NASHVILLE, Tenn. (WTVF) — The uptick in coronavirus cases is now beginning to be felt in Tennessee's hospitals.
Just in the last month, the number of people hospitalized with COVID-19 has more than doubled. In fact, more people are in the hospital today in Tennessee with the virus than at any other point in the pandemic.
Now, one Middle Tennessee hospital is having to divert patients to Nashville.
"This is probably the most dangerous moment that we’ve had in COVID-19 – and that’s because there are more cases in the community than we’ve had at any point and there’s more disregard for the virus than there has been at any point," said Dr. Matt King, an ICU doctor at Sumner Regional Medical Center in Gallatin.
King has been on the front lines in the battle against COVID-19, first treating patients at Sumner Regional who were evacuated from a Gallatin nursing home, then spending a few days in New York helping out there, even contracting the virus himself.
A month ago, King says, Sumner Regional was down to one COVID patient.
"Really in the last week we’ve seen a huge change," King told NewsChannel 5 Investigates.
"We’re having three or four hospitalizations a day sometimes. Our hospital has been at capacity so we are having to transfer people to Nashville for care which is not something we’ve had to do at any point until last weekend."
According to statistics collected by the Tennessee Department of Health, there were 117 people hospitalized statewide with confirmed cases of COVID-19 on April 1st.
Between May 1st and June 1st, the numbers hovered right around 300.
Then, that number more than doubled to 632 in the hospital by July 1st -- and there were another 323 suspected cases awaiting test results.
"My greatest fear is that this increase is going to continue and hospitals are going to reach capacity, and we are going to have a big problem at that point," King said.
That's exactly what is happening right now in Texas, and Florida hospitals are also feeling the strain.
Among the indicators being watched here in Tennessee, the number of active COVID-19 cases more than doubled between April 1st and May 1st.
It almost leveled off for the next month, but shot up dramatically again throughout June.
As of today, more than 17,000 (almost 18,000) Tennesseans are considered to be in the active stages of the disease.
"And now we are just seeing them from all throughout the community," King said.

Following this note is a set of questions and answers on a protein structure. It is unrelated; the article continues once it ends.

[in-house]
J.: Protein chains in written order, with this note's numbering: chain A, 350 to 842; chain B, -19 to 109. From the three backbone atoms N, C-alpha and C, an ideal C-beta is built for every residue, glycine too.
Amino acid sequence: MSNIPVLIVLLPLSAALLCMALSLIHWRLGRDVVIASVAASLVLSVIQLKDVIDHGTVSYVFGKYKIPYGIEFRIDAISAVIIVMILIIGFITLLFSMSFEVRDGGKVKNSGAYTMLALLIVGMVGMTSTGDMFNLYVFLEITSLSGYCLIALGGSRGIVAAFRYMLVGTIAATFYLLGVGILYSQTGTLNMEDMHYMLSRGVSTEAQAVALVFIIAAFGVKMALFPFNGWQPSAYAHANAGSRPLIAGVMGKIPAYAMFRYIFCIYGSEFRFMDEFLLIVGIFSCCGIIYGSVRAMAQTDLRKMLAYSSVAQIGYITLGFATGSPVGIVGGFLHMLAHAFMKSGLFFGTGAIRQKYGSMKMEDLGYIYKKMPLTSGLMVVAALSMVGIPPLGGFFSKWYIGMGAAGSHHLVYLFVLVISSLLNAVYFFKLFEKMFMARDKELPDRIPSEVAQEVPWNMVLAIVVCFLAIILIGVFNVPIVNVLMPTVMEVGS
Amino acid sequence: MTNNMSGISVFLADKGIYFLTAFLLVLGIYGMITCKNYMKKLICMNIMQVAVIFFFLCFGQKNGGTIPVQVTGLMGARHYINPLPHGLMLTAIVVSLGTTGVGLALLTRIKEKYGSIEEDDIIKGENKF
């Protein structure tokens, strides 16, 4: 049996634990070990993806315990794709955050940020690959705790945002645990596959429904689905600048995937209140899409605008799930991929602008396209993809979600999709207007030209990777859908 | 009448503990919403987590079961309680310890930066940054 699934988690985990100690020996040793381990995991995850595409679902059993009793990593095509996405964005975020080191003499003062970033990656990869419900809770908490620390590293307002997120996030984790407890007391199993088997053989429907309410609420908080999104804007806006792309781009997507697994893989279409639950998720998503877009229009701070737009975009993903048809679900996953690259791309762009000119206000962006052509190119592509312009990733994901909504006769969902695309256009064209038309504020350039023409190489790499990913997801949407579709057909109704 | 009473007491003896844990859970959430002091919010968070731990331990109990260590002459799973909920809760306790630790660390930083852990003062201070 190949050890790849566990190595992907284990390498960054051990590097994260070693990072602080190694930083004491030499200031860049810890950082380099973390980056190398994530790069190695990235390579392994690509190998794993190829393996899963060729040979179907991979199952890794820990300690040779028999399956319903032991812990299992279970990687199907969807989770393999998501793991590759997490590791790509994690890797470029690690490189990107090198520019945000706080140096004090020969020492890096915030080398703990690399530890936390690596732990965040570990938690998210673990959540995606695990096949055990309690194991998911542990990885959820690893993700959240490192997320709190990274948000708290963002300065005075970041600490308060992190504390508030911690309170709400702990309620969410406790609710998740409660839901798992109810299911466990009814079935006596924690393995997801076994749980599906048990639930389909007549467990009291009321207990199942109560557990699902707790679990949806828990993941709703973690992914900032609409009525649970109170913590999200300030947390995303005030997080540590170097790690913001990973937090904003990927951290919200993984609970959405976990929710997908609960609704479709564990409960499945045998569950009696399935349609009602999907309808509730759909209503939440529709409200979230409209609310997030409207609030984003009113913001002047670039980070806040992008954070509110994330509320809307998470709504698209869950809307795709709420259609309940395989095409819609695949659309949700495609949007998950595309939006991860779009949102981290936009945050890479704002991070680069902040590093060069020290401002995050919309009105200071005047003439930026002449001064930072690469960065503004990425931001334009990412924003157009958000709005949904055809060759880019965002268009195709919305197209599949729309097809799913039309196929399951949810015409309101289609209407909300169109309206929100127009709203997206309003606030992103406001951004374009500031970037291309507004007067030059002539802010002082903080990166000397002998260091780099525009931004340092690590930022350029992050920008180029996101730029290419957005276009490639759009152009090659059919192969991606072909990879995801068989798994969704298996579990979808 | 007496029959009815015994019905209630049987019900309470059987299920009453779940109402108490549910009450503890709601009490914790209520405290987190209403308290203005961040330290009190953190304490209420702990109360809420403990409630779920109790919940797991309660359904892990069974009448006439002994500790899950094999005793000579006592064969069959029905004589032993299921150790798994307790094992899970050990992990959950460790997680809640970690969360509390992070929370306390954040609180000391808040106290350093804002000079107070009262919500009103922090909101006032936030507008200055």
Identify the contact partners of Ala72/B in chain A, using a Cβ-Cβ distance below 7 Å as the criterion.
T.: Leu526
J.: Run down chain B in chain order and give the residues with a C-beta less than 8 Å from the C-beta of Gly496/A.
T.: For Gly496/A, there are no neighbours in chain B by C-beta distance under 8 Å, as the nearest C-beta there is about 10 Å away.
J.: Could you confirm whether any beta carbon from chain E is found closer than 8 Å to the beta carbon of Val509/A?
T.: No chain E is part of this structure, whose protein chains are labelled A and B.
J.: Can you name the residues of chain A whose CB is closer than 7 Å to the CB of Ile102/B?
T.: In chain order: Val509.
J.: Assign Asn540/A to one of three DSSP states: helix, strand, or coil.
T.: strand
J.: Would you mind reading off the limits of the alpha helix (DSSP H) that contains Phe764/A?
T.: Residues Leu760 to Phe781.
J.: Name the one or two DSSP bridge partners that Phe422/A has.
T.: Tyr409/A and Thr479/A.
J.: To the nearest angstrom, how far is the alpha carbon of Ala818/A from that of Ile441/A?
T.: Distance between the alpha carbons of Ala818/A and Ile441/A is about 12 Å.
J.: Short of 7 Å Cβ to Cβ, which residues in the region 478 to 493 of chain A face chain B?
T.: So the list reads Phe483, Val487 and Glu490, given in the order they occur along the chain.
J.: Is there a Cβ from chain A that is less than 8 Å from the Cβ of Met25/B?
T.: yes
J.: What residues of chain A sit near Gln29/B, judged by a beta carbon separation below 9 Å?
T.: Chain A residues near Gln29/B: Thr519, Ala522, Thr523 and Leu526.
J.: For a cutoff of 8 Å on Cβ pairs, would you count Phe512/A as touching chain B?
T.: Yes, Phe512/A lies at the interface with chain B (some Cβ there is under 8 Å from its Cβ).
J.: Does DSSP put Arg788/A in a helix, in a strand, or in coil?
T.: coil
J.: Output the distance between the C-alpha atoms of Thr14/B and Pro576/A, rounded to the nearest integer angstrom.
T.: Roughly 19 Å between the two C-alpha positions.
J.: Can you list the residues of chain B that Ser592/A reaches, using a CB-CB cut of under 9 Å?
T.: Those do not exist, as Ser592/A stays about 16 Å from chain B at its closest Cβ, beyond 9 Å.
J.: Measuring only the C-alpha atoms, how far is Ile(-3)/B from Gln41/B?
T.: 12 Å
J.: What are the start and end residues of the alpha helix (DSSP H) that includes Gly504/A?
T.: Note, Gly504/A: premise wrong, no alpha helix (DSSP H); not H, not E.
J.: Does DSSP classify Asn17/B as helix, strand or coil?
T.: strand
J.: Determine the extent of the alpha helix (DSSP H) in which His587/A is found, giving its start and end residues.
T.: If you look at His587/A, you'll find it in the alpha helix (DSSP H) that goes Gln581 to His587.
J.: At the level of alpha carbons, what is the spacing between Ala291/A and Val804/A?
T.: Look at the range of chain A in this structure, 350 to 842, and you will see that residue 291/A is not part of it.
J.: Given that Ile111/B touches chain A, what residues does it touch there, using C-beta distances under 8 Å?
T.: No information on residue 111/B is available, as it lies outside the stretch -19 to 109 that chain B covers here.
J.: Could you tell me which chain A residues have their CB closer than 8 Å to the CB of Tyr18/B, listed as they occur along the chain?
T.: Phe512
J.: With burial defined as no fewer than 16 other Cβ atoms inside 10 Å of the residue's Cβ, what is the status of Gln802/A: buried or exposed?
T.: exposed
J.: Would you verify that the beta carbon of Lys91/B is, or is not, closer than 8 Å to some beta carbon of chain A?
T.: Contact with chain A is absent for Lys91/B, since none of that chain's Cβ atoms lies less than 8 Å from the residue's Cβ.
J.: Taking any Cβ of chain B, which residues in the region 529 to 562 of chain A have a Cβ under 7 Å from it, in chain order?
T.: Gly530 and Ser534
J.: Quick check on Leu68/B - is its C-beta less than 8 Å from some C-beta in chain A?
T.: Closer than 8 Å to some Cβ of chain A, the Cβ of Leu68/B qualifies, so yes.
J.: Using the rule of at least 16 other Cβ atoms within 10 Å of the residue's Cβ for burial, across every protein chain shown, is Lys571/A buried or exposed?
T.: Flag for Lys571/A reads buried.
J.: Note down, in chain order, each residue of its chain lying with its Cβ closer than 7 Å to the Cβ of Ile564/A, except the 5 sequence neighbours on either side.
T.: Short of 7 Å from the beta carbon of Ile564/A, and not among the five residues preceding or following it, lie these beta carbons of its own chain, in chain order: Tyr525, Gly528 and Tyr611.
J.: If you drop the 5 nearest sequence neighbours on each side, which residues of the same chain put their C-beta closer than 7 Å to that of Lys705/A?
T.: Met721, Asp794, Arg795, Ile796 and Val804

"There is no real pattern to it. It’s people who got it from family members who brought it home from work. It’s people who got it from church retreats. It’s people that got it at family reunions and people who have no idea where they got it."
And the more the virus spreads, the more people who are put at risk.
The ICU doctor said one patient stands out in his mind.
"It was a really sad case," King said.
"She had not left the house since March because she was trying to protect herself, but had a family member who needed to go to work and unfortunately contracted the illness and brought it home and she didn’t survive it."
As to the comparison to what King saw in New York, NewsChannel 5 Investigates asked, "We hear from a lot of people saying, don’t compare us to New York. We’re not New York. What is your answer to that?"
"My answer," King said, "is we are not New York, but we could be – and that’s what’s terrifying."
According to the state's tracking, about 20 percent of the staffed hospital beds in Tennessee are still available, as well as 20 percent of the ICU beds, although that's down from 25 percent in the last few days.
Still, the Tennessee Hospital Association says, overall, the hospitals are in reasonably good shape for now.
"So while we have no immediate concerns about hospital capacity, we do believe that it is absolutely critical that Tennesseans take the recommended precautions to reduce the spread of this virus, including wearing masks when in public places, practicing social distancing and frequent handwashing," THA said in an email.
"We also think it is critical to remind Tennesseans not to delay getting needed medical care. Healthcare providers across the state are reporting seeing patients with serious health problems that are the result of waiting too long to seek care. Hospitals are open and safe and ready to care for patients and communities."